Man jailed for running down his wife
PUBLISHED: 11:00 23 February 2010 | UPDATED: 16:26 06 July 2010
A man who deliberately tried to run over his stepson ended up mowing down his wife when she got in the way of his jeep, leaving her with serious injuries including a fractured spine and collapsed lung, a court heard.
A man who tried to run over his stepson ended up mowing down his wife when she got in the way of his vehicle, leaving her seriously injured, a court was told yesterday.
Ian Pryke, 56, repeatedly drove his Jeep Cherokee at Stefan Crisp, at one point knocking him into a pile of nettles, after seeing him in Wymers Lane, South Walsham.
Norwich Crown Court was told he tried four times to knock down
29-year-old Mr Crisp, but Pryke's wife Rachel got in the way and he ended up hitting her.
Duncan O'Donnell, prosecuting, said Mrs Pryke suffered injuries including broken bones in her back, broken ribs, a fractured thigh bone and collapsed lungs.
The court heard that she had since made a good recovery, was standing by her husband and did not want to see him prosecuted. When arrested, Pryke also told officers he did not want to hurt his wife because he loved her.
The former mental health nurse, of Wymers Lane, South Walsham, appeared in court in a wheelchair. He admitted dangerous driving, causing grievous bodily harm to his wife and trying to cause grievous bodily harm to Mr Crisp on August 30, 2008.
The court was told that, at the time, Pryke had been suffering from acute stress reaction.
Jailing him for 21 months and banning him from driving for 12 months, recorder Christopher Makey said he accepted there had been difficulties with the stepson; but on this occasion he had done nothing to provoke Pryke and had tried to keep out of his way that day. He had taken a detour while he was out walking with his partner and baby.
The recorder told Pryke: "These are very serious charges. On four separate occasions you drove at Mr Crisp. The one person you did injure was your wife, who sustained a number of extremely serious injuries from which she has made a reasonable recovery, but these injuries included a spinal fracture, which gives an indication of the velocity of the vehicle at the time it hit Mrs Pryke."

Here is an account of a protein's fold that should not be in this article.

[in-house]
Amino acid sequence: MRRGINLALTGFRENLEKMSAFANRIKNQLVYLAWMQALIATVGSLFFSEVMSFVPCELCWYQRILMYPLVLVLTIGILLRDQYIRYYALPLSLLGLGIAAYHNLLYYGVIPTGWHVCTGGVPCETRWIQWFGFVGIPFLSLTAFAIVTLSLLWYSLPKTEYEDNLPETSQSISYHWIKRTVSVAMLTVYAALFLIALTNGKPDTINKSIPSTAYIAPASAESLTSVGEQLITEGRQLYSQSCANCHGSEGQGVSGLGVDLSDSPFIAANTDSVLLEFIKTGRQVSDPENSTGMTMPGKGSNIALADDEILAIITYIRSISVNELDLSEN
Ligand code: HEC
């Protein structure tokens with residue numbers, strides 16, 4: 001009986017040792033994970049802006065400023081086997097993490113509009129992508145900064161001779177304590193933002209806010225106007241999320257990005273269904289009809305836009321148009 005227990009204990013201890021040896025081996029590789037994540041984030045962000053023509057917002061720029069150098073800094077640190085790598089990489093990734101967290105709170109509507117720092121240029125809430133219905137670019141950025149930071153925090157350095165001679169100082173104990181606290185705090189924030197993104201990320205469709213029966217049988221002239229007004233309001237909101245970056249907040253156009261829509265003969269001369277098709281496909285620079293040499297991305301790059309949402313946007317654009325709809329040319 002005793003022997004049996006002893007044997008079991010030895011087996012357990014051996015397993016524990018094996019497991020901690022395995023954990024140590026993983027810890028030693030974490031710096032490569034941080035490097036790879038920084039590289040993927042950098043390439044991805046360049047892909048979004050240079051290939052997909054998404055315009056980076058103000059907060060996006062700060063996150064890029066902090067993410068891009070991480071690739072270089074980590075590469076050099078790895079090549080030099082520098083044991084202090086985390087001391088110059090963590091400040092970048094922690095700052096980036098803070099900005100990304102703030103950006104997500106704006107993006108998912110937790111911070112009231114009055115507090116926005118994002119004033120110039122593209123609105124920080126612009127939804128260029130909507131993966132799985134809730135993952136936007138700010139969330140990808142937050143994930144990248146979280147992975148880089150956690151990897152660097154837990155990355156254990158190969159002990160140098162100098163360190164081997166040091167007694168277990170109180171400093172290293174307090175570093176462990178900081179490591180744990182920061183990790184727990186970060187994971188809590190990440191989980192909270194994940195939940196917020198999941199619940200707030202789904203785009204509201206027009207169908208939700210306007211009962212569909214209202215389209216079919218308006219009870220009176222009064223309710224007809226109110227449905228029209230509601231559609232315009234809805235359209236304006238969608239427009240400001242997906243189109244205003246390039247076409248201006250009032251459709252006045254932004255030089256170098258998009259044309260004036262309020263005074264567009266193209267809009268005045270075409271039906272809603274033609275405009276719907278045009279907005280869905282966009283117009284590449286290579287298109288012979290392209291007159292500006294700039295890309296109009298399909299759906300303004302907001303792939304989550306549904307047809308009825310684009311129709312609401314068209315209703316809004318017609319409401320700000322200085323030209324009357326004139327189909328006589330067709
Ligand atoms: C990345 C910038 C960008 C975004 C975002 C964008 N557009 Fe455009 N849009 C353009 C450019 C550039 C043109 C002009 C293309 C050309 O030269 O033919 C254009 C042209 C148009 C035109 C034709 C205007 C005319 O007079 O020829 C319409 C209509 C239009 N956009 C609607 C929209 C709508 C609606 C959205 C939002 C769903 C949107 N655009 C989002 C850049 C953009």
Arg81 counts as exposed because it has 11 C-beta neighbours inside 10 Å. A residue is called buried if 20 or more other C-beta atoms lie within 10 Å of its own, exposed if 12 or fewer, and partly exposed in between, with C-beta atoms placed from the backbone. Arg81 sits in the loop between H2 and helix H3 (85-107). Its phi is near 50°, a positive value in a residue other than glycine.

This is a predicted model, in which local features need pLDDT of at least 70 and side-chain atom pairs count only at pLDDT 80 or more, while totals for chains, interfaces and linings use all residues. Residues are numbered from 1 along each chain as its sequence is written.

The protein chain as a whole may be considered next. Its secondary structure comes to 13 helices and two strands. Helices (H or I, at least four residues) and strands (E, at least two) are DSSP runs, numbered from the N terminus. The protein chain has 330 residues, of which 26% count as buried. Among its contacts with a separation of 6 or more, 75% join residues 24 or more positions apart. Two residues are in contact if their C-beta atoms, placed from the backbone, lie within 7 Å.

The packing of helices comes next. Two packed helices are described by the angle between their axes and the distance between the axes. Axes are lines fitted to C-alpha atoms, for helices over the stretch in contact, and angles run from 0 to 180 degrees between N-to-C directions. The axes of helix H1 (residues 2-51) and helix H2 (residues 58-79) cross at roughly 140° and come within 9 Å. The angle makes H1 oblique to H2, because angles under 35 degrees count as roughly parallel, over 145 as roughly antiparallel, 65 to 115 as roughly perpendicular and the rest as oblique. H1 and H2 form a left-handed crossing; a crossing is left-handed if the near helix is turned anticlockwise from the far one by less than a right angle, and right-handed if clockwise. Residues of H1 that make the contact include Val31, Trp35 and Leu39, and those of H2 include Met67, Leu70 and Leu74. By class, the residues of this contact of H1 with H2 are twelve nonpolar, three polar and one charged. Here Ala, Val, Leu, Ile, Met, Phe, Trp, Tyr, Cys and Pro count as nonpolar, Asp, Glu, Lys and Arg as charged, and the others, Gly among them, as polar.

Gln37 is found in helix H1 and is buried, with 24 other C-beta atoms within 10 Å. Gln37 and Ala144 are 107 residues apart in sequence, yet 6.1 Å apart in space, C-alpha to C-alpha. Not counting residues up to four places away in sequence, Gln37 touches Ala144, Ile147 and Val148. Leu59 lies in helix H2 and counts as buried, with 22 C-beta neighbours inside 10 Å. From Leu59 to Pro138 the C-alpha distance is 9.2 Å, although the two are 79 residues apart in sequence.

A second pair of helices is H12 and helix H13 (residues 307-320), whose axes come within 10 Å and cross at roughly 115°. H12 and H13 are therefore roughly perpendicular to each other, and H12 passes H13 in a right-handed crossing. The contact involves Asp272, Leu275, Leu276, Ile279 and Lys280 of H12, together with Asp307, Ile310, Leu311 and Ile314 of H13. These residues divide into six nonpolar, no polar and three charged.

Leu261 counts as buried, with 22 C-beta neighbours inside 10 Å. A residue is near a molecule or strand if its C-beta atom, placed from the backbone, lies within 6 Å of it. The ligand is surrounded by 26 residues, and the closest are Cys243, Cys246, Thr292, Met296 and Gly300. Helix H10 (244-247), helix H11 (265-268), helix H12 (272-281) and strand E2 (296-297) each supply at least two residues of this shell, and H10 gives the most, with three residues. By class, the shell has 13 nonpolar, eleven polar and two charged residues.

He accepted Pryke was suffering from an acute stress reaction at the time and had a number of other health problems. "Whatever the sentence, it will be dwarfed by the knowledge that you have caused the injuries that you have to Mrs Pryke despite the fact she has stood by you and she has made it clear she fully supports you now and in the future," the recorder added.
Simon Gladwell, for Pryke, described it as a tragic case. Pryke had worked for 30 years as a mental health nurse and for many years worked at the Norvic Clinic at Thorpe St Andrew, until he was attacked by a patient and suffered post-traumatic stress disorder.
He had then left the job and worked as a community psychiatric nurse.
"He is a man with an impeccable reputation, and these events were completely out of character," added Mr Gladwell.
He said Pryke's wife had made it clear she did not want to see him prosecuted and wanted to rebuild her life with him. The stepson, whom Pryke had not seen for two years before the attack, had moved now to Ireland.
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